Eddie Izzard Brexit is a return to the 1930s politics of fear. But Britain needs to face the future with bravery and curiosity.

British should helping lead humanity into the future, not retreating into isolationism and suspicion.
Eddie Izzard on TODAY
Eddie Izzard on TODAY on May 6, 2019.Nathan Congleton / TODAY
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By Eddie Izzard

No one knows what will happen in a post-Brexit United Kingdom. The advocates for leaving the European Union promised a sort of Valhalla of beautiful times where jobs were going to be plentiful and everything was going to be easier. But they never actually had, and still haven't, a clue what really might happen.

For instance, the Leave campaign promised that 350 million pounds a week ($445 million) was going to be put into the National Health Service if we left the E.U. and stopped contributing to it. Then everyone from Nigel Farage, one of the major right-wing proponents of leaving, to Dominic Cummings, who led the campaign, has said that wasn't true. (It tricked people so much, though, that a huge proportion of Britons still believe it.)

What we do know will happen, particularly if we leave the E.U. without a variety of treaties and agreements (what they call a "hard" Brexit), is a nightmare that seems increasingly likely: People in the U.K. are going to have to get visas to be able to go and stay or work in Europe; we’ll lose our health care coverage in Europe, and your choice to live or retire there will suddenly become very hard; a whole load of laws that make our lives as Britons engaging in Europe is going to be disappearing; and we will have to redo all of our trade agreements.

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But the entirety of what will happen if the U.K. goes into a hard Brexit, still no one knows. But people now have a much clearer idea of what leaving the E.U. really means, and what a hard and vicious Brexit really means. So we are now asking for a People’s Vote — on whatever agreement is reached, so that the public can vote on whether running away from our continent or staying and fighting for our continent is the best plan.

People like me, who are positive on Europe, know that Europe needs to be reformed. It's difficult to do that, but we want to do it, and Brexit is a big incentive to do so, for both British and European leaders. Running and hiding from Europe, though, was never the way forward. Brits don’t quit.

The Whining Right have moaned about being part of Europe since the first referendum to stay in Europe back in 1975, which we won, 66 percent to 34 percent. The referendum in 2016 to leave the European Union was 52 to 48, but that is not a mandate for this hard and vicious Brexit — which ultimately will just isolate Britain.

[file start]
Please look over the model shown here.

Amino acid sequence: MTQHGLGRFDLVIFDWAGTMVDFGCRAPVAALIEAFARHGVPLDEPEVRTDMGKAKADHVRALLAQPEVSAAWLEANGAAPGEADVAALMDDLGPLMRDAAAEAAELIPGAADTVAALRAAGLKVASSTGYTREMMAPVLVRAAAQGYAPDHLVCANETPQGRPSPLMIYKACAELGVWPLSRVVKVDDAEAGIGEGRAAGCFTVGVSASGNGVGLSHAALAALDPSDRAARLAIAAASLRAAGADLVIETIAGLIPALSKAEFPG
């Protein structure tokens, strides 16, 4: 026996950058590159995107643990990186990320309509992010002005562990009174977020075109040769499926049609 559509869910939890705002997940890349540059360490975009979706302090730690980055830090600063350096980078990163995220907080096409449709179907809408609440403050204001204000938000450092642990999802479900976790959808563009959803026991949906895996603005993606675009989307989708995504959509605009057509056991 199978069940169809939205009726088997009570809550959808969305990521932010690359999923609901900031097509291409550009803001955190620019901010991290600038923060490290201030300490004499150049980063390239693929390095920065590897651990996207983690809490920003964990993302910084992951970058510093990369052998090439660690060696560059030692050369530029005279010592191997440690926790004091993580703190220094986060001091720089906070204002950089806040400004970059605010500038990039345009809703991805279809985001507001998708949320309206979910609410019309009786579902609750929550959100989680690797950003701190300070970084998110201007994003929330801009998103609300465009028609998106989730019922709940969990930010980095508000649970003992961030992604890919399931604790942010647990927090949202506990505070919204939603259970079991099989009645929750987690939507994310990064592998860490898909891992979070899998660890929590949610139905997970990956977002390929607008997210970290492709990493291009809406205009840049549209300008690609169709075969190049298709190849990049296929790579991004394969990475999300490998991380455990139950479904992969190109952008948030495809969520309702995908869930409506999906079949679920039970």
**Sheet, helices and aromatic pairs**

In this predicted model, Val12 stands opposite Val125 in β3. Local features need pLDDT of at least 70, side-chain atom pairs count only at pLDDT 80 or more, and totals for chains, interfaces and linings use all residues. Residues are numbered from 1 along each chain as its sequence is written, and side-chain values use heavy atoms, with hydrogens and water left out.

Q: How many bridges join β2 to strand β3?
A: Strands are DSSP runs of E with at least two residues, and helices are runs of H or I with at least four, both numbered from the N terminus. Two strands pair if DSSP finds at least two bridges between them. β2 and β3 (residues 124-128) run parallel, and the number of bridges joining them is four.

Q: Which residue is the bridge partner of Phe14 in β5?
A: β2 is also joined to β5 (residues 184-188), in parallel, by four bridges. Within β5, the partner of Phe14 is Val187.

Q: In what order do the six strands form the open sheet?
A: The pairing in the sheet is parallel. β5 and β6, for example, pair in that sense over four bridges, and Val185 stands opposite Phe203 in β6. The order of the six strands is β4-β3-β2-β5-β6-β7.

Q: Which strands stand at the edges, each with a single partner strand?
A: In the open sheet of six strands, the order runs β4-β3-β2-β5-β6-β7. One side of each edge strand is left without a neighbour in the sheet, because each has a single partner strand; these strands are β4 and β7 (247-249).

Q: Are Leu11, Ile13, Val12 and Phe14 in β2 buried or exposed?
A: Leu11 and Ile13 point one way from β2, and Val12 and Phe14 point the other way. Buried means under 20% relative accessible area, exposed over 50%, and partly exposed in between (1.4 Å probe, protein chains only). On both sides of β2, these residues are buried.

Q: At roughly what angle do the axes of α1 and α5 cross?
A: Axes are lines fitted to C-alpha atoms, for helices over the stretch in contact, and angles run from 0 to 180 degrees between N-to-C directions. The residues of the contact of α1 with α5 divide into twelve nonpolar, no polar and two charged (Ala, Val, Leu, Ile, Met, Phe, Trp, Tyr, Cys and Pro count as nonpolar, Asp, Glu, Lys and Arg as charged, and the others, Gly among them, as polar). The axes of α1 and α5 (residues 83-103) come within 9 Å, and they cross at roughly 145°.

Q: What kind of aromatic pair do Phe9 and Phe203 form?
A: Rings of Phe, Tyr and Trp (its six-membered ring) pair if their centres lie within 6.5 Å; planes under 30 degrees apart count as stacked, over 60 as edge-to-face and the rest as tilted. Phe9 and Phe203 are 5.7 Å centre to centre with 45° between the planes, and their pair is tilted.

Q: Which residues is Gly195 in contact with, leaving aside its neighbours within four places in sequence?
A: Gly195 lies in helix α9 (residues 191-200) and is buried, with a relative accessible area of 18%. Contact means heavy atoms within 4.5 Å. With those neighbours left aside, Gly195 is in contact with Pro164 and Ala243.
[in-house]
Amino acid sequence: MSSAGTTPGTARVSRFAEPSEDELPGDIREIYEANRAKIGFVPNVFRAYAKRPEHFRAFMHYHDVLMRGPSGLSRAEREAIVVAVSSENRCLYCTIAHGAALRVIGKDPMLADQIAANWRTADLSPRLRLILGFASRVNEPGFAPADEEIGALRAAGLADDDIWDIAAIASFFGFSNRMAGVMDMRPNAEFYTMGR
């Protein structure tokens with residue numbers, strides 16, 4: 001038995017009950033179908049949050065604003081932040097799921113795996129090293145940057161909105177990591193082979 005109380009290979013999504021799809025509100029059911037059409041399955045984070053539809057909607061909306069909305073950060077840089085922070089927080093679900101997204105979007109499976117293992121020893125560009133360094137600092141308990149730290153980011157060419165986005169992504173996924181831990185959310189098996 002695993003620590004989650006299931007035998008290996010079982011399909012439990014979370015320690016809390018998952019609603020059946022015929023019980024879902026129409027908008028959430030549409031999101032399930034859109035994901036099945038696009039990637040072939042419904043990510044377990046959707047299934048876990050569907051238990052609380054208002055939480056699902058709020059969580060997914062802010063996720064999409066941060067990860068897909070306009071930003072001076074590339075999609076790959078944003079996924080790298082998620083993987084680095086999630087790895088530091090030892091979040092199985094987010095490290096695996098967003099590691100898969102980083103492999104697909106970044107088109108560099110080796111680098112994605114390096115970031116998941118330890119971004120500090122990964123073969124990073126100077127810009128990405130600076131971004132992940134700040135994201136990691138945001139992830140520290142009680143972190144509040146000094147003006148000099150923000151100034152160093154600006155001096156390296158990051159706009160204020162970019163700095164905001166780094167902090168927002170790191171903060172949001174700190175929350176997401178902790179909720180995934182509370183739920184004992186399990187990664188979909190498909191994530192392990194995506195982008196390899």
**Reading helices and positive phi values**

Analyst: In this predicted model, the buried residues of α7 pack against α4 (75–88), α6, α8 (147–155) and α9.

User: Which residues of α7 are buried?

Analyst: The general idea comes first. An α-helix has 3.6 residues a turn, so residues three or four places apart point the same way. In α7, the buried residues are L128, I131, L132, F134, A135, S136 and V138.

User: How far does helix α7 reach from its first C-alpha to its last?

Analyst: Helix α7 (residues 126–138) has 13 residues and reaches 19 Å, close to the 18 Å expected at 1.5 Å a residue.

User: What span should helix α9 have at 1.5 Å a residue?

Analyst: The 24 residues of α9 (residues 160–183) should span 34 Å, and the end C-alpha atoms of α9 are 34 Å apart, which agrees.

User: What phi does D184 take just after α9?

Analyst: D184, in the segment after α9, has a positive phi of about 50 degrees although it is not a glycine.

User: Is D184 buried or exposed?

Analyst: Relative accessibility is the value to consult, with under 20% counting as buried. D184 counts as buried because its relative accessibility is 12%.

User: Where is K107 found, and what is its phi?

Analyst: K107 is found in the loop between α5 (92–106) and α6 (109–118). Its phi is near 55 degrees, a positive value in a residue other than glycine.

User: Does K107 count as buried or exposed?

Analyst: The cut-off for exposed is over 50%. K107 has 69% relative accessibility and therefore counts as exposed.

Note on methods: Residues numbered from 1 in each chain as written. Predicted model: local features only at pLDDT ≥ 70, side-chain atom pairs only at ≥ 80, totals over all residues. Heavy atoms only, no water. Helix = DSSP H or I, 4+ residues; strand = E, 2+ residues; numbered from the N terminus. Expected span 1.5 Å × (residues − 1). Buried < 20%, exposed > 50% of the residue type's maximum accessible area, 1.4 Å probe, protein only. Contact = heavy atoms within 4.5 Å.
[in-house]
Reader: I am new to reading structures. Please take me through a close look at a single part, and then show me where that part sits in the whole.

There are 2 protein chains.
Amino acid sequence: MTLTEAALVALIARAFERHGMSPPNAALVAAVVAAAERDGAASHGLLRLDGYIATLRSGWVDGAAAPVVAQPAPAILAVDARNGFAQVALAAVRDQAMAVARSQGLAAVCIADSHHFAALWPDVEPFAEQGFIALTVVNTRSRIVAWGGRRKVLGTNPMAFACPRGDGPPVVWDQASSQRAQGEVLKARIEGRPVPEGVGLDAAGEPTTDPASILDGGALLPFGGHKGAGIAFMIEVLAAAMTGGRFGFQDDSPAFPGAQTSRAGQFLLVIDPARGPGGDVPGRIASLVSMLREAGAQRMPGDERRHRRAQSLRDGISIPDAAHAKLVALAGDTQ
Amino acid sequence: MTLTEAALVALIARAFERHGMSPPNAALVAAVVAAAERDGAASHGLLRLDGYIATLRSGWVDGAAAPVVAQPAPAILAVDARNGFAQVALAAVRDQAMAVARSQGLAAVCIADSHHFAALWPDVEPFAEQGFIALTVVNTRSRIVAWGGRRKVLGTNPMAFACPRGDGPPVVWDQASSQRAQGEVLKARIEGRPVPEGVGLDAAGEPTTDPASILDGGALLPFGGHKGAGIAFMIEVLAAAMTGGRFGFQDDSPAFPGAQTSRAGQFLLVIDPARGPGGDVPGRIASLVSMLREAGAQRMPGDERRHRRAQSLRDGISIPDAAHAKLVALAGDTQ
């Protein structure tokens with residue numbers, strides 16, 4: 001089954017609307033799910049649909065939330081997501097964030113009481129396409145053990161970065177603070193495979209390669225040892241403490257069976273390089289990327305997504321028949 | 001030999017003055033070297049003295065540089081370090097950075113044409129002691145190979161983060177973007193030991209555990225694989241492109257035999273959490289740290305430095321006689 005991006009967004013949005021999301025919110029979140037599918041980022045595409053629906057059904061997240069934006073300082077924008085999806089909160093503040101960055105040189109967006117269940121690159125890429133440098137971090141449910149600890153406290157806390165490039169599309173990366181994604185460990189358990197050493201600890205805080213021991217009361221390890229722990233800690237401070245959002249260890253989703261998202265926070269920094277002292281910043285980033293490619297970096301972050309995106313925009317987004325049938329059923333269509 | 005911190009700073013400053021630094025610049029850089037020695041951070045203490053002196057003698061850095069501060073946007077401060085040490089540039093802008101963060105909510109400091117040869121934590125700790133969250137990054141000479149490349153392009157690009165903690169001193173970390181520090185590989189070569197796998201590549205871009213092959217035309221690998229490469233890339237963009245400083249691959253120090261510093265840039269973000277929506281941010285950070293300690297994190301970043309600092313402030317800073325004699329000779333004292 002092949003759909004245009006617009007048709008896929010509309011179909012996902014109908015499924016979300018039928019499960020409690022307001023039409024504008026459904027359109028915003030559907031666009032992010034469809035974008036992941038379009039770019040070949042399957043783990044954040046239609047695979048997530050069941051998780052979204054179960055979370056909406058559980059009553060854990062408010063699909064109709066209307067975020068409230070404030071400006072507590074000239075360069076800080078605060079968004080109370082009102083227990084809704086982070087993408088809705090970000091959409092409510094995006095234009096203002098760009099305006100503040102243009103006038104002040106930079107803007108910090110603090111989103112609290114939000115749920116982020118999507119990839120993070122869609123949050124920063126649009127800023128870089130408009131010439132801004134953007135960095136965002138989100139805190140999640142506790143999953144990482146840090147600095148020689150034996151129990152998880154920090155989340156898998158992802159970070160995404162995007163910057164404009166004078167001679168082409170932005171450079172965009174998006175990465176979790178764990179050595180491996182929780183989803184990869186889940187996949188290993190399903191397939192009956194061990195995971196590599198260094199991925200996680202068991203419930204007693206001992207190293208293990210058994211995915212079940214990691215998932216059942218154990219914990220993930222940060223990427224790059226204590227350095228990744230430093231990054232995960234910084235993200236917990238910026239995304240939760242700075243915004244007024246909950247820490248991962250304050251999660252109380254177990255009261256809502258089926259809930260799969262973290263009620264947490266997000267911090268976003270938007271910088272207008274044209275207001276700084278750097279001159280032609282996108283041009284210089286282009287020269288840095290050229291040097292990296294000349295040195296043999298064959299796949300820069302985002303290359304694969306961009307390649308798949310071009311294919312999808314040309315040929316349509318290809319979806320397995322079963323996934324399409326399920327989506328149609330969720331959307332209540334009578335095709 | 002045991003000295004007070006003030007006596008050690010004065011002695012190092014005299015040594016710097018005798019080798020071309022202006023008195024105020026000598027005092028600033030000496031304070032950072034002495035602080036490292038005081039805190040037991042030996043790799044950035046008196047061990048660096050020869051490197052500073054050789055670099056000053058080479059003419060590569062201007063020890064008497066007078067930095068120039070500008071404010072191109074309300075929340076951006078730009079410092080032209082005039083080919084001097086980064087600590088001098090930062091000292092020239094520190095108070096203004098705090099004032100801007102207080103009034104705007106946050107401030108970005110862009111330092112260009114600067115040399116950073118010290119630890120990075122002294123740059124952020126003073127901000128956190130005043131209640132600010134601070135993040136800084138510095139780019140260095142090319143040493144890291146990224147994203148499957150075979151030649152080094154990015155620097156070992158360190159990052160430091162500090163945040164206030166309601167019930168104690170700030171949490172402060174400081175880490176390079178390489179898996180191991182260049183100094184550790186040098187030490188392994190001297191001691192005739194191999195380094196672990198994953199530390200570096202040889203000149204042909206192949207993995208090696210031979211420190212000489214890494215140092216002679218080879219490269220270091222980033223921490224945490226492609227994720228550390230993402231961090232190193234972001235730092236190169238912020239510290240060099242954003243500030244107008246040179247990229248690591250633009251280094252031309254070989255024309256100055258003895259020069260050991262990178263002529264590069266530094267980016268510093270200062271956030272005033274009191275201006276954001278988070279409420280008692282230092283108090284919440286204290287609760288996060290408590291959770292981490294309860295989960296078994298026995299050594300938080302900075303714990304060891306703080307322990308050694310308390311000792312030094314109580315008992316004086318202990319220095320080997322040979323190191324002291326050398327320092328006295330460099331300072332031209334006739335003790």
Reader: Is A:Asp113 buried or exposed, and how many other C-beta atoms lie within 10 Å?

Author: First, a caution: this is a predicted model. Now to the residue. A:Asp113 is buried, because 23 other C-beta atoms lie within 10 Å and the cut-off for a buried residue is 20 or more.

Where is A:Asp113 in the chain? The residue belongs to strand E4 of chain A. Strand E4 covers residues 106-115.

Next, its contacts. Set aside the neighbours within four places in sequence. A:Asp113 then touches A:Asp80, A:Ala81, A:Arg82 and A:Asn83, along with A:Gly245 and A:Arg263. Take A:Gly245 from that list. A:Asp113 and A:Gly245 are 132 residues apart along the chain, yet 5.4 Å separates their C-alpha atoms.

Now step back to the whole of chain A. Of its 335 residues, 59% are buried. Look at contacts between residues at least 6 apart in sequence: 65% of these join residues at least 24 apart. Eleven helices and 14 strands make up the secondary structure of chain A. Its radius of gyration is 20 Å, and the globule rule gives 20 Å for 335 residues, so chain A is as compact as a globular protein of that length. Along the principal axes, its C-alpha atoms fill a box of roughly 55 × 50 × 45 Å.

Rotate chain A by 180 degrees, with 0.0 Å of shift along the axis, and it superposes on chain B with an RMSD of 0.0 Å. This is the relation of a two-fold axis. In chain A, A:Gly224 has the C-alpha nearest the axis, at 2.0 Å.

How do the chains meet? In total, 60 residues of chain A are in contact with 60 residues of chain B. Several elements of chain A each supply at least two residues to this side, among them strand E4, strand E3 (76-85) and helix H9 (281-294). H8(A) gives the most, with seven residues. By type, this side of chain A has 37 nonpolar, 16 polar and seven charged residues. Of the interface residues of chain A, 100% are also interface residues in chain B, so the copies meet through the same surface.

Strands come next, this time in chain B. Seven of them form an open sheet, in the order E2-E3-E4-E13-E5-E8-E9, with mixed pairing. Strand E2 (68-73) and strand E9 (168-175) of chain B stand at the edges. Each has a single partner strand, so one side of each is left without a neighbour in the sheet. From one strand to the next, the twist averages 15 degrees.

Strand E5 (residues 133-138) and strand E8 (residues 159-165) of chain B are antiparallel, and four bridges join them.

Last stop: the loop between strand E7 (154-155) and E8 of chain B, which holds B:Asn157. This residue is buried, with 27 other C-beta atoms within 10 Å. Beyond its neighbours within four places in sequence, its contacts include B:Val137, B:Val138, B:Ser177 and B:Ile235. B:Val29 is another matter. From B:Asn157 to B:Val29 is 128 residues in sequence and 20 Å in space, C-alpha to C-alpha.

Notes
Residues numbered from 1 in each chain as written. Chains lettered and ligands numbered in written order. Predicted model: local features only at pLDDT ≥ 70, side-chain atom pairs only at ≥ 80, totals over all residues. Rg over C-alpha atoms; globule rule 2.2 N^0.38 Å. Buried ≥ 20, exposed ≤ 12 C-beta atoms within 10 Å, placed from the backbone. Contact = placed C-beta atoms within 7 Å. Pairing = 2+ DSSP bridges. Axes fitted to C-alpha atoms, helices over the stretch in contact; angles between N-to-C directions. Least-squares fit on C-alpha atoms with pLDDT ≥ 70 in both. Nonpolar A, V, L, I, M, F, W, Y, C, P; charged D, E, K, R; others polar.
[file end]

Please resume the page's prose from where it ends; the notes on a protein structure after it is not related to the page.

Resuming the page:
America has been isolationist before, too; I think last time (apart from with Trump) was with Lindbergh's American First campaign in the 1940s, which was again an extreme right-wing movement. The right wing in our country is always fearful and suspicious: They want to pull back, separate out, isolate ourselves and go back to trying out 1930s politics. The world has tried 1930s politics; it didn't end well.

I'm saying no to going back to that, and focusing on the idea that the British should helping lead humanity. We’ve got to be brave and curious, rather than fearful and suspicious.

I will be fighting for positivity and for engagement with Europe, whatever happens. I want to stand to be a member of Parliament in 2020, or whenever the next general election happens. I think a lot of moderate people don't go into politics. But I'm a radical moderate; I do radical things with a moderate message.

By that I mean: I've run over 70 marathons for charity; I came out as transgender 34 years ago; I'm now performing in four languages. I try and do positive things that hopefully people can look at and say, well that seems more of a positive vision for the world, for the future, for the 21st century.

They get so many negative messages, otherwise: Brex-hate; Trump-hate; pull back, separate and use hate as your main political weapon to whip up fear. It's the mantra of the fearful and suspicious.

I think a brave and curious Britain should look like any of us who sees life in a positive way. Having the attitude when you meet someone new of saying: "Hi, how are you? What do you do?" Or just wanting to learn something new or traveling to somewhere new. That's being brave and curious. And that's particularly true of the young people, almost 80 percent of whom are coming to voting age and saying, "We want to be part of Europe." They want their future back.

As told to THINK editor Megan Carpentier, edited and condensed for clarity.